Mommination strives to bring awareness to our audience during the month of April and throughout the year. Please proceed with caution if this topic may be a trigger for you. We hope to offer resources and provide a safe space for all. The information shared below can be found on the National Sexual Violence Resource Center website.
In the United States ONE in FIVE Women has survived completed rape or attempted during their lifetime.
Think about that statistic. There are so many silent survivors amongst us.
About half (51.1%) of female victims of rape reported being raped by an intimate partner and 40.8% by an acquaintance.
Often times, the assailant is someone who the victim knows. Family members, friends or partners.
Below you will find a link from the National Sexual Violence Resource Center providing resources for survivors. Please share this information if you know a survivor who may be looking for assistance.
As a family member or friend of a survivor, there may be some confusion on how to help. Here, you will find a link to a 23-page guide for reference.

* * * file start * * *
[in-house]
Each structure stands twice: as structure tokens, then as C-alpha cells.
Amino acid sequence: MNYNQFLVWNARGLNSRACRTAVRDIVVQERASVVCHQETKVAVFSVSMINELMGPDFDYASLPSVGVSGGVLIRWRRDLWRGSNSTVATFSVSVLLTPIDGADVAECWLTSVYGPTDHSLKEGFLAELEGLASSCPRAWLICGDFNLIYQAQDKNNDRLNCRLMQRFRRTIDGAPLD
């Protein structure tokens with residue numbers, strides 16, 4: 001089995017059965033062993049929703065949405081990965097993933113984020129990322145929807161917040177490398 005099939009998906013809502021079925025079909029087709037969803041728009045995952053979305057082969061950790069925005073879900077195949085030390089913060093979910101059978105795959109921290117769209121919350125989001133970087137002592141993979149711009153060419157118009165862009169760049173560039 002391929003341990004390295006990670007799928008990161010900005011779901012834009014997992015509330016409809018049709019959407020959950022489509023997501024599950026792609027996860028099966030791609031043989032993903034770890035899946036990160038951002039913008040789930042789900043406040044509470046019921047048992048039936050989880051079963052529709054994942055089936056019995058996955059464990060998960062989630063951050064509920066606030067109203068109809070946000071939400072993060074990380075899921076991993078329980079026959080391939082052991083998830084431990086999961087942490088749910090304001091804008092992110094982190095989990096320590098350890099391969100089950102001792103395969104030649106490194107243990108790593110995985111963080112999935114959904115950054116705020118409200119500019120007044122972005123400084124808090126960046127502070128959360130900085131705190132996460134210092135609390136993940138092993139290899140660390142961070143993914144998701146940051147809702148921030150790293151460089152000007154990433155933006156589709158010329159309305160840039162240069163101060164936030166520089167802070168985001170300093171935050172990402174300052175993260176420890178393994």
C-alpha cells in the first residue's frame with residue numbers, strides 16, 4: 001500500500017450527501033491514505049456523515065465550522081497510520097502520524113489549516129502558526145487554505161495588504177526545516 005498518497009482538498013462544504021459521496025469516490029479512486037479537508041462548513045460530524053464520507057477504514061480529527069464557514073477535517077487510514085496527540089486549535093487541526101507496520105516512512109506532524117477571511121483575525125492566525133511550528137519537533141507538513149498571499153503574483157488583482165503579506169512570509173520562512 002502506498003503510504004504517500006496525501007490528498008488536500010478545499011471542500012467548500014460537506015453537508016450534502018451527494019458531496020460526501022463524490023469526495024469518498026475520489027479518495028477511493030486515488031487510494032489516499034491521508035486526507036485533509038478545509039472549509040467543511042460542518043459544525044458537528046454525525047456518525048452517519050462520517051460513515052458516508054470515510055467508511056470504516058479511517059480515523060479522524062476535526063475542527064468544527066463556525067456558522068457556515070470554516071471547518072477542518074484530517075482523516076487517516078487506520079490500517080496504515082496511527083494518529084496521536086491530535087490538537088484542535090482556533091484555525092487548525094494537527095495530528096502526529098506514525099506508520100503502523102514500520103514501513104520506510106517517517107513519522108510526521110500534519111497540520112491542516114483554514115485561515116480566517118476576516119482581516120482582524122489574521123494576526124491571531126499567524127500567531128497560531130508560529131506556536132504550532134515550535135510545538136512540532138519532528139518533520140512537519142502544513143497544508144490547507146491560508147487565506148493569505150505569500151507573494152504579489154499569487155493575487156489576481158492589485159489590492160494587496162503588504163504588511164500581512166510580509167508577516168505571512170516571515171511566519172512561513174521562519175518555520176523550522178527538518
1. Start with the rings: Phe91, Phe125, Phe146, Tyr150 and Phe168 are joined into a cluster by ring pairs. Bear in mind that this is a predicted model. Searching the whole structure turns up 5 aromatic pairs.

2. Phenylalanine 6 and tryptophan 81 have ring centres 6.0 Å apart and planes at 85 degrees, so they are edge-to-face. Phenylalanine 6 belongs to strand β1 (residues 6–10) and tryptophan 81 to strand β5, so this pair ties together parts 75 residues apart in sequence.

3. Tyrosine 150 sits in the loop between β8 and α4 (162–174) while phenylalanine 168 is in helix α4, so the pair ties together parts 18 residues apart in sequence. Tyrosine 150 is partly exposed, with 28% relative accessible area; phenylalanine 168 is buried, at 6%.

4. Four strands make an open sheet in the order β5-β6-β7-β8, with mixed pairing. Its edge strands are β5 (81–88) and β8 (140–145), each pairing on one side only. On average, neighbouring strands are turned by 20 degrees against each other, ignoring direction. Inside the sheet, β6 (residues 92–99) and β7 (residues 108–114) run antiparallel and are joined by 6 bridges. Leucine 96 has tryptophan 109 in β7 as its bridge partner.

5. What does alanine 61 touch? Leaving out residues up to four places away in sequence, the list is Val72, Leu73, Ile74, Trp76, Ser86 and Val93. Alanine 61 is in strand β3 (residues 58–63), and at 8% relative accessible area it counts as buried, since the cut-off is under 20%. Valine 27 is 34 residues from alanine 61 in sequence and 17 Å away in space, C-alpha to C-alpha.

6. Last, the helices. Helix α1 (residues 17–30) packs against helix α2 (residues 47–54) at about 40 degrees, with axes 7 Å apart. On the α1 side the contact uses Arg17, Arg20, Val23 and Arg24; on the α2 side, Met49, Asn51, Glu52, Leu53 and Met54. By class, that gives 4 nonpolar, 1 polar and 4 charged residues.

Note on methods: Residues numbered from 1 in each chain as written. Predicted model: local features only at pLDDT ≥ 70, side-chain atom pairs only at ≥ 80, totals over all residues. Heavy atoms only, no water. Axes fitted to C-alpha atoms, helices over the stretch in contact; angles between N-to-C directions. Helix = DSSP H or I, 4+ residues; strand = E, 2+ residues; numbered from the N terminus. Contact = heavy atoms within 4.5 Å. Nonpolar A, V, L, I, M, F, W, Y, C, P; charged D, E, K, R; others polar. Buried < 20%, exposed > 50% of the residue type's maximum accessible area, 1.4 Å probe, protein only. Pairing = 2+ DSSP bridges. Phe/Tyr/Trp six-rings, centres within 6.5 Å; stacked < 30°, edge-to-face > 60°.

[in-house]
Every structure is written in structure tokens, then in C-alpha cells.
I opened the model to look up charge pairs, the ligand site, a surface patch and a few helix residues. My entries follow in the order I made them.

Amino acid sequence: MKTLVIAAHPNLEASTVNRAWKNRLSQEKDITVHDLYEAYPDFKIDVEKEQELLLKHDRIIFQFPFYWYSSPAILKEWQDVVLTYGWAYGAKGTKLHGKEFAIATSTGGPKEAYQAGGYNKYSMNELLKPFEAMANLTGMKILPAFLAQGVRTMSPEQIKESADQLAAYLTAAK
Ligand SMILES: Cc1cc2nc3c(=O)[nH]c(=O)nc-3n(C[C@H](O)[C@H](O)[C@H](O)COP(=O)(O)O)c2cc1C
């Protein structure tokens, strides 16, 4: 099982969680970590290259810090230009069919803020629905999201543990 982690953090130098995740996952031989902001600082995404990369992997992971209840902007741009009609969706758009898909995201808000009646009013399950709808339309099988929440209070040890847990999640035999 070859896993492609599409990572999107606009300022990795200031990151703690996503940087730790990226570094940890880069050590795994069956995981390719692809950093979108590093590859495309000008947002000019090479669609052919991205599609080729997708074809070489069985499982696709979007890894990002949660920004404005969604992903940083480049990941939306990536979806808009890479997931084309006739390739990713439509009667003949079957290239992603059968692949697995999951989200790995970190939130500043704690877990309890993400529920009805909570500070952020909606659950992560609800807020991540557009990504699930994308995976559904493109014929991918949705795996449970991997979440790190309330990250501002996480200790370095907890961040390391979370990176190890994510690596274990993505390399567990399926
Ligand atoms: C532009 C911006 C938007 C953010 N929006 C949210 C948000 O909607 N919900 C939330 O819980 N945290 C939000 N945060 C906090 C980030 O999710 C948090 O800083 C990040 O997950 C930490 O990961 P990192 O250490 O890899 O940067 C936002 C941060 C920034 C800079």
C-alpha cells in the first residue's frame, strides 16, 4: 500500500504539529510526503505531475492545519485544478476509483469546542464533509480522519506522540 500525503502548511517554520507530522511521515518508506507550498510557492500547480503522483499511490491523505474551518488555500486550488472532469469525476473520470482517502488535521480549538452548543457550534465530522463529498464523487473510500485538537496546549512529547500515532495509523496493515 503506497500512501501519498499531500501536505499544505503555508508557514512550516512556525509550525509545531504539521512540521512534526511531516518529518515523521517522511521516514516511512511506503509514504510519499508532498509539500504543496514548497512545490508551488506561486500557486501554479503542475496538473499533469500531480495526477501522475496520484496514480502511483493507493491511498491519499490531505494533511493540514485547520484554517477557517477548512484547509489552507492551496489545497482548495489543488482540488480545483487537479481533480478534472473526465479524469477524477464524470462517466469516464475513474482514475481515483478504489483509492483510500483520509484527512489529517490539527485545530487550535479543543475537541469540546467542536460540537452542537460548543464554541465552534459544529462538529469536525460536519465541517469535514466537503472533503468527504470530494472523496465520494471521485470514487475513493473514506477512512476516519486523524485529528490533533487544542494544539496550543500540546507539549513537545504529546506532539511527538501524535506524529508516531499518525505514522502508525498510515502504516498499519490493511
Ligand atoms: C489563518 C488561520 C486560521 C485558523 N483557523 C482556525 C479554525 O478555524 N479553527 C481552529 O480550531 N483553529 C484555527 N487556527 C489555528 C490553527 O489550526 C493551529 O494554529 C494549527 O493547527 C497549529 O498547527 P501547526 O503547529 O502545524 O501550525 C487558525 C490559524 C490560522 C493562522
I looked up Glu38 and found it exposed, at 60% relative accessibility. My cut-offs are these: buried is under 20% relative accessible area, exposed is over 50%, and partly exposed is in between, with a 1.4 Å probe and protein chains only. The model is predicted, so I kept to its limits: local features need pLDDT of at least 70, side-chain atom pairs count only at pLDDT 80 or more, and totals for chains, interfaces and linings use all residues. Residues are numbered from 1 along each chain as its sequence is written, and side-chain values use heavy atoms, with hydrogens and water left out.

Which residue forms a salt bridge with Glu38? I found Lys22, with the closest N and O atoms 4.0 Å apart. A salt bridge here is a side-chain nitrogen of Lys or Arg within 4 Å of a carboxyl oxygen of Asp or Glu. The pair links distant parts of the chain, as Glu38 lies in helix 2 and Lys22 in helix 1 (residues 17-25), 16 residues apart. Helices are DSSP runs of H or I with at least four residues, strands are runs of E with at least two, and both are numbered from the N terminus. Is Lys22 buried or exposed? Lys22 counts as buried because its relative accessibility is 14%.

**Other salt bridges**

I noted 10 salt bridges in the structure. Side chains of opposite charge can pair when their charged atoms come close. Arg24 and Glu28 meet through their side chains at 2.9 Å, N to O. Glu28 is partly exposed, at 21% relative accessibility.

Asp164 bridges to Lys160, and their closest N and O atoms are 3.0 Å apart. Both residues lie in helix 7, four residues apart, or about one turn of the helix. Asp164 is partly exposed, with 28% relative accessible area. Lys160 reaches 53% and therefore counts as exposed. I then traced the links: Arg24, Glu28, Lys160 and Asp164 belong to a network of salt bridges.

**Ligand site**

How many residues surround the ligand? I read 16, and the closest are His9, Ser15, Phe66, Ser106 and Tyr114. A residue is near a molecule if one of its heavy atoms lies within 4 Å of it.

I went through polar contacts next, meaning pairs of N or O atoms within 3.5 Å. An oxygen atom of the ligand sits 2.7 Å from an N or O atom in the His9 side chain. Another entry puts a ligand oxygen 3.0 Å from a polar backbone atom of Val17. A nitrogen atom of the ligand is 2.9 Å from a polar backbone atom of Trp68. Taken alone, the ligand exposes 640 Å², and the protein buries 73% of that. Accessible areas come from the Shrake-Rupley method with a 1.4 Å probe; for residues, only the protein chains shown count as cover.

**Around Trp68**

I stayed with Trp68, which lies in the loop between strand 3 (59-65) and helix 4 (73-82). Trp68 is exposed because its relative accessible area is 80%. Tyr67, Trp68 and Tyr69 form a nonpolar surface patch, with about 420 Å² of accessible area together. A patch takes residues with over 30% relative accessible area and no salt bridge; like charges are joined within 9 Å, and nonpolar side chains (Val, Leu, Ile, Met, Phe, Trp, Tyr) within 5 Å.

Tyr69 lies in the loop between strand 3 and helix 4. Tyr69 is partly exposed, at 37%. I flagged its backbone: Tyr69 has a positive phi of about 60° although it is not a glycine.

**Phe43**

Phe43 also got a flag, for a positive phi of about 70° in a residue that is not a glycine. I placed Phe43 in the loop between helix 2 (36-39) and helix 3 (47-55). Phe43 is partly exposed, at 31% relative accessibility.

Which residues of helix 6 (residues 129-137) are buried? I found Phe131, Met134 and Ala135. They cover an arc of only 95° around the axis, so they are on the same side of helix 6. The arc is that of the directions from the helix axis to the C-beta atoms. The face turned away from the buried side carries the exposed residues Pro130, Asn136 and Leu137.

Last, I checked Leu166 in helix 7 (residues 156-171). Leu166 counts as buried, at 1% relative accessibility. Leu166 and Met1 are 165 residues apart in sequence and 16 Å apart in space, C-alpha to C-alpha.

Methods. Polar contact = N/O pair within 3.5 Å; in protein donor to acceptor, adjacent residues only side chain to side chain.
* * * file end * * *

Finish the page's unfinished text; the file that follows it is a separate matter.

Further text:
There are several different types of sexual violence. Any type of unwanted/unsolicited sexual contact can be classified as sexual violence. Becoming aware of what assault is can increase your opportunity to be an ally/advocate.
First, let’s become educated on what classifies as consent. Starting with our children, refrain from encouraging them to engage in unwanted hugs or kisses from adults in their lives. “We can all help prevent sexual violence by modeling and promoting healthy and positive relationships that are based on respect, safety, and equality“, as suggested by the National Sexual Violence Resource Center.
- Educate yourself and share the information with others.
- It is never appropriate to victim blame or shame.
- Refrain from engaging in inappropriate content online, social media and even jokingly
- Speak up if you are in a situation that makes you uncomfortable
Increasing our awareness and becoming involved allows us to become allies and advocates. Creating safe places of understanding and empathy may increase a survivor’s chances to seek support. Education may equal prevention.
To our survivors, we love you. We see you. If you are in need of any support, please look into the National Sexual Violence Resource Center. Please find a local agency, church or safe place that can provide you with the care that you need.